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3 Chemical Equations

1.3.1 - Deduce chemical equations when all the reactants and products are given
Chemical formulas are shorthand representations of compounds. Chemical reactions are
represented by equations using the chemical formulas and symbols of the substances
involved in the reaction.

This equation is more informative than the first. However, when writing out these
reactions, we must take into account the Law of Conservation.
The Law of Conservation is that matter can neither be created nor destroyed, it can only be
changed from one form into another. In the case of chemical equations, this means that
there must be the same number of every type of atom on both sides of the equation. All
that happens in a chemical reaction is that the bonds in the reactants break, the atoms
rearrange, and bonds between the products are formed. Therefore, to reflect this, all
chemical equations must be balanced. We do this by adding integer coefficients to the
chemical formulas, except, of course, in the case of 1.

1.3.2 - Identify the mole ratio of any two species in a chemical equation
Once we have balanced any chemical equation, we are able to determine the molar ratio of
the various species in it. For example:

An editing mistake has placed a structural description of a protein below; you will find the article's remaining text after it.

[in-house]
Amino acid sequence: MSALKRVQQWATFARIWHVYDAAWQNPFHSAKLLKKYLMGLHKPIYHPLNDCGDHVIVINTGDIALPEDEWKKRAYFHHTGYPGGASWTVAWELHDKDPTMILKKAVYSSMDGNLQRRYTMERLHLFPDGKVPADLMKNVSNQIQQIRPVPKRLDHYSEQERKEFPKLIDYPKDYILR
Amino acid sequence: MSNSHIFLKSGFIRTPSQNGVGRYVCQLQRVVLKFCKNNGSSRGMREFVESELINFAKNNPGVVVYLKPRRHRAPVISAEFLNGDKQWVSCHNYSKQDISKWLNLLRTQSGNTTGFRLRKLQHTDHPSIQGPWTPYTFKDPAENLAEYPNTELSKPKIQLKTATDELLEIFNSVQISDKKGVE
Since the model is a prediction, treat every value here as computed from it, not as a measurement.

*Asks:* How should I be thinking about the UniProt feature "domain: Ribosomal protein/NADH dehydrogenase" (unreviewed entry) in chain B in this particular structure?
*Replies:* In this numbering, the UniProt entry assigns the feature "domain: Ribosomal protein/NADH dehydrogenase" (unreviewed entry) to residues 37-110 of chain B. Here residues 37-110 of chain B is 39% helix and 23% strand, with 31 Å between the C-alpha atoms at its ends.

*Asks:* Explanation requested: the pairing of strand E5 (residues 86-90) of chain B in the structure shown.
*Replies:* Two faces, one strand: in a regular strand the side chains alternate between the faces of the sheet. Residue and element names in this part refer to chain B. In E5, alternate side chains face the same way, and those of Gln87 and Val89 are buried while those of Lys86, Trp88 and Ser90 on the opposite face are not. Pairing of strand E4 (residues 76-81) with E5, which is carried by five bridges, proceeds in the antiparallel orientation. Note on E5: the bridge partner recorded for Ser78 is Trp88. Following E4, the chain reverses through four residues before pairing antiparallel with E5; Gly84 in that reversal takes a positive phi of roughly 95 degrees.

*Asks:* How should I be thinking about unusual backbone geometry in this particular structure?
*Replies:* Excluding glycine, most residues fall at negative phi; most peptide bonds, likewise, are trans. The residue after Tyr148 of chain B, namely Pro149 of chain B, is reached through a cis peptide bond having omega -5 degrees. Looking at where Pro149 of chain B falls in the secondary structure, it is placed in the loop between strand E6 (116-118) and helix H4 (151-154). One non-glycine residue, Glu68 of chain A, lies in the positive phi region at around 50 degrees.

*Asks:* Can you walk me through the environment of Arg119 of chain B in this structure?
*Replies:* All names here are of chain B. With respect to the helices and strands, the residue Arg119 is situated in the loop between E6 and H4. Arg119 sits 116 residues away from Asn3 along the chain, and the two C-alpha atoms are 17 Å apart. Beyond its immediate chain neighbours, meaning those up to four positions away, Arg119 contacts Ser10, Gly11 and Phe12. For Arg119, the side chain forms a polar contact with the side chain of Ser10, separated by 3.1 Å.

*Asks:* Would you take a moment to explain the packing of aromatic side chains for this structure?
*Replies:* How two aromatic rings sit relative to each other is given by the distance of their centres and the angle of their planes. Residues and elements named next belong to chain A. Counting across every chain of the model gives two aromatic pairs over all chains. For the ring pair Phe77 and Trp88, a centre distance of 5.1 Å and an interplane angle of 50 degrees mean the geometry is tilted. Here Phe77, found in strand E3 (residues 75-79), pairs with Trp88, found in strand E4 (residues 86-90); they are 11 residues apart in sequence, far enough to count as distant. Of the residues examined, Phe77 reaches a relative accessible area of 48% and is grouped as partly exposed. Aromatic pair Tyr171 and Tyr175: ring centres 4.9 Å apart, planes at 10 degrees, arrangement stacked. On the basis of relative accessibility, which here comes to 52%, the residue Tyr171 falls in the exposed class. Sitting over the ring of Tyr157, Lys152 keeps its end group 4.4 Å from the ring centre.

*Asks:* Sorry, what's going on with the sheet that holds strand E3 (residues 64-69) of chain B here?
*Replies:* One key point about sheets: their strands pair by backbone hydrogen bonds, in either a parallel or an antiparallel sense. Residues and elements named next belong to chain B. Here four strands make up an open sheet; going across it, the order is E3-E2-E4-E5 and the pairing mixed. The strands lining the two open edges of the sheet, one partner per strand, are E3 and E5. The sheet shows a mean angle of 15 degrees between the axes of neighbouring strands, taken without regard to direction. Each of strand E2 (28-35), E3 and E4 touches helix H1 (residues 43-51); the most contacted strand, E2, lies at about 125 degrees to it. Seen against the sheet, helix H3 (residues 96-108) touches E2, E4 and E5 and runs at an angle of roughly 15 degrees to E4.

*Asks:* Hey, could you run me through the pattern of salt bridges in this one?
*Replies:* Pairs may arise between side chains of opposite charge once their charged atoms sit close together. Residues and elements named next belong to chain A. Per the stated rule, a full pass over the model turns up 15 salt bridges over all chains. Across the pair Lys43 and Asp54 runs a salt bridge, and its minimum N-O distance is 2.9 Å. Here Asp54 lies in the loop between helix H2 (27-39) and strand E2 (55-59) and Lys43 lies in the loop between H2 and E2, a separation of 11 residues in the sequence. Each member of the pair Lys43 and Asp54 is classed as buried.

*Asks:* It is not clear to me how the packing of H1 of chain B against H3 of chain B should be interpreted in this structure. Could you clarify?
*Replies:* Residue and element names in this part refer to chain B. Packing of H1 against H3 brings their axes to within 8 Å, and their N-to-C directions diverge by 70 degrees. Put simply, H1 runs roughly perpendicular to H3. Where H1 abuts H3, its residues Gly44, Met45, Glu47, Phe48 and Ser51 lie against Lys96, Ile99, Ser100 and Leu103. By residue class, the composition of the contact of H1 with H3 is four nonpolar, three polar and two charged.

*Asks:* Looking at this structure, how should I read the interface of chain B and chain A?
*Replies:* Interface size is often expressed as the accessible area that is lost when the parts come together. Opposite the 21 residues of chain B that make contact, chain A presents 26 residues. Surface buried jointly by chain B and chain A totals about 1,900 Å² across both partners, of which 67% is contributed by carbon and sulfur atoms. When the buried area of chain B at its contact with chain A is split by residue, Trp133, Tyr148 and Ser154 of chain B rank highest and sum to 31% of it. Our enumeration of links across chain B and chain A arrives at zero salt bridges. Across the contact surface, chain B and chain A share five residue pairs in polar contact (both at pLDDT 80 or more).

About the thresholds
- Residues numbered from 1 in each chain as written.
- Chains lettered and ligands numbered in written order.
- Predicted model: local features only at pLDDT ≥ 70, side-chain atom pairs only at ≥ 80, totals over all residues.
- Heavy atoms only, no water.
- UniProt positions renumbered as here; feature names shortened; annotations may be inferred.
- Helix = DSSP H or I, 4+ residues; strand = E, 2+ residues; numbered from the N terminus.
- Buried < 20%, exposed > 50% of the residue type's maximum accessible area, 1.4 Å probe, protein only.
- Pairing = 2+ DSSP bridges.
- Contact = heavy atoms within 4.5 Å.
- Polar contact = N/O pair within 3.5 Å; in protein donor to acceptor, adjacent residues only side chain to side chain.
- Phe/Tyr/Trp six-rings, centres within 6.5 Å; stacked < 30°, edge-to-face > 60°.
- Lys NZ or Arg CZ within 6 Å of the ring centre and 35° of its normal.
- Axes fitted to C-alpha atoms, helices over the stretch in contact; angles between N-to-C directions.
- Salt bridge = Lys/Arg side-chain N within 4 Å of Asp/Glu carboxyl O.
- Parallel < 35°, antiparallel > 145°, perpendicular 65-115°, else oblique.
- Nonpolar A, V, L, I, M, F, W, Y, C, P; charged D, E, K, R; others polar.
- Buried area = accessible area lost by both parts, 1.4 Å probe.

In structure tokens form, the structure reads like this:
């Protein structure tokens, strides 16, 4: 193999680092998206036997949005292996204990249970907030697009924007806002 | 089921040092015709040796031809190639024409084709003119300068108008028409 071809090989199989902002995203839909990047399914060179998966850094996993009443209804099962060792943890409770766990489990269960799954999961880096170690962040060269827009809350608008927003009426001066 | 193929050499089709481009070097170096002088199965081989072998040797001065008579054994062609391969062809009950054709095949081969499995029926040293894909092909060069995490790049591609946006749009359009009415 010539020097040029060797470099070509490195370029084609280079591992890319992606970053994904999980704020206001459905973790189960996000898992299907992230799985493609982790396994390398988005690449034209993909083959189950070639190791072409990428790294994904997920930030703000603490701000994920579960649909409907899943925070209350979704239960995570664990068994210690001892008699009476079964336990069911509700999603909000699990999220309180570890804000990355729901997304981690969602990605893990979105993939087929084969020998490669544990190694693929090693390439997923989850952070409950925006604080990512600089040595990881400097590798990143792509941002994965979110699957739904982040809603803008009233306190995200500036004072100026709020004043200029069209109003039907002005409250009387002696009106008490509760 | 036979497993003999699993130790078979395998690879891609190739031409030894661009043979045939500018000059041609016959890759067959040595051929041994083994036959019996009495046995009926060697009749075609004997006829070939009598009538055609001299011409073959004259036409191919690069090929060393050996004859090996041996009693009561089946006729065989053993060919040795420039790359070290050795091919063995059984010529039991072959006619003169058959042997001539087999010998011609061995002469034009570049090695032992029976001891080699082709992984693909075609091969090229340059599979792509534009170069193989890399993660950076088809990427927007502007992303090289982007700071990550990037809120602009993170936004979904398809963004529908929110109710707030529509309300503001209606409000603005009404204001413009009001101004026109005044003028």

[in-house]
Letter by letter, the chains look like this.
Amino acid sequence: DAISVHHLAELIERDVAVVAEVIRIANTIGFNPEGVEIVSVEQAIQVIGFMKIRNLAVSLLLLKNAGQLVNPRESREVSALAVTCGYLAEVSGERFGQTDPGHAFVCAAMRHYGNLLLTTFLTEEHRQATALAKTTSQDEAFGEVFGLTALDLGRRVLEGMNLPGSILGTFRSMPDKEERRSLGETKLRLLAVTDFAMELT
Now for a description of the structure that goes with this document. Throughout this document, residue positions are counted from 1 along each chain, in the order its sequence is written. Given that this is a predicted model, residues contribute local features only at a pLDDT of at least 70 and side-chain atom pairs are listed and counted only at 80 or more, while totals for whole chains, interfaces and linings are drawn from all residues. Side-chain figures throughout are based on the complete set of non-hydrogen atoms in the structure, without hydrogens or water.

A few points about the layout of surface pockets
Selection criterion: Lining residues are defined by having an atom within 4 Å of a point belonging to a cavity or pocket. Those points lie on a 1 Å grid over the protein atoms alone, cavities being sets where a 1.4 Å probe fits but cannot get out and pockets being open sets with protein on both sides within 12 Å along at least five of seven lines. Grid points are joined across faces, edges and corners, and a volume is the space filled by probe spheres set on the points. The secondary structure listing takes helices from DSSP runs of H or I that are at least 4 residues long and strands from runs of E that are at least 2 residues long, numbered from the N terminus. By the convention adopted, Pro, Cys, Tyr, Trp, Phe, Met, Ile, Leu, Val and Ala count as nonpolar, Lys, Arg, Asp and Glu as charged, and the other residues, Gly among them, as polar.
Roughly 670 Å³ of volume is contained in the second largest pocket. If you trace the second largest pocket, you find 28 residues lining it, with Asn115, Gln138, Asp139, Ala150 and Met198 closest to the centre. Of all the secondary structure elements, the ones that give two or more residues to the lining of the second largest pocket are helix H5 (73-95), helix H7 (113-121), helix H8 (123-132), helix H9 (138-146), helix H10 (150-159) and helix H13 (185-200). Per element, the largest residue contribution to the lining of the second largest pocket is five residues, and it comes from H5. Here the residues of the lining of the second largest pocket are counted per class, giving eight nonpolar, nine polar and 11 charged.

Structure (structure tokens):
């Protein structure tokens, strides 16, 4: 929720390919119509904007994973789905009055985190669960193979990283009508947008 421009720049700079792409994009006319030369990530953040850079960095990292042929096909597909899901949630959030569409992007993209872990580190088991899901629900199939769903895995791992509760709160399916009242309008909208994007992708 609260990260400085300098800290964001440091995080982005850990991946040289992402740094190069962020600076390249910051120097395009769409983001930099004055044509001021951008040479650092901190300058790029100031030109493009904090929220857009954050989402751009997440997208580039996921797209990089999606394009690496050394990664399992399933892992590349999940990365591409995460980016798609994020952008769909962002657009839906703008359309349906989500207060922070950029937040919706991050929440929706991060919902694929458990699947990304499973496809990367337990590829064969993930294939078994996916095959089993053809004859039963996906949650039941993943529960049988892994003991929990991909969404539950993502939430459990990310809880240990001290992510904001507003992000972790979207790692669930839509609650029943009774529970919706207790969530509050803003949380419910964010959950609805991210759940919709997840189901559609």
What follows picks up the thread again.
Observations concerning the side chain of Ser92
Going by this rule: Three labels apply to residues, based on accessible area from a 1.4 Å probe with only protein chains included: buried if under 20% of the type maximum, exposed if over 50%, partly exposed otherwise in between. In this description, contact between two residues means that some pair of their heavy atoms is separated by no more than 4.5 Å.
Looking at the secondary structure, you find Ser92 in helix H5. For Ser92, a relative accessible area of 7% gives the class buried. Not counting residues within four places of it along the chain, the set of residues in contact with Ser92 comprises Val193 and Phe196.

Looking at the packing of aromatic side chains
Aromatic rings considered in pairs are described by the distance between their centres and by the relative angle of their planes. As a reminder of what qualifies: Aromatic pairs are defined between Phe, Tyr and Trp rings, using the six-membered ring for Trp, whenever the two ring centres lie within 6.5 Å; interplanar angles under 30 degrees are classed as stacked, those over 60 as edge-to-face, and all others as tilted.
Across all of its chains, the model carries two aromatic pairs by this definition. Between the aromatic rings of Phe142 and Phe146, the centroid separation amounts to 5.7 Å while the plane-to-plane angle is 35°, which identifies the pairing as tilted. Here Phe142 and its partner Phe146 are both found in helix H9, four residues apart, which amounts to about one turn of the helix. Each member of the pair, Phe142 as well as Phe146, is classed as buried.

From this equation we can see that one mole of lithium oxide reacts with two mole of
hydrochloric acid to produce two mole of lithium chloride and one mole of water.
An equation shows that one mole of gaseous methane molecules combines with two mole
of gaseous oxygen molecules, producing one mole of gaseous carbon dioxide and two mole
of gaseous water molecules. The equation shows the ratio of reactants and products to each
other. The coefficients in the equation can be shown as a ratio:

1.3.3 - Apply the state symbols (s), (l), (g) and (aq)
We can balance equations by looking at each type of atom in turn. The balanced equation
for the combustion of methane is:

We can add symbols to how the physical states of the reactants and products. This is the
final step in equation writing. These are:
(g) - gas
(l) - liquid
(s) - solid
(aq) - aqueous (in solution)
These symbols represent the state of each substance at room temperature, unless
otherwise specified. Therefore, we would end up with:

All the molecules in this reaction are in the gaseous state.

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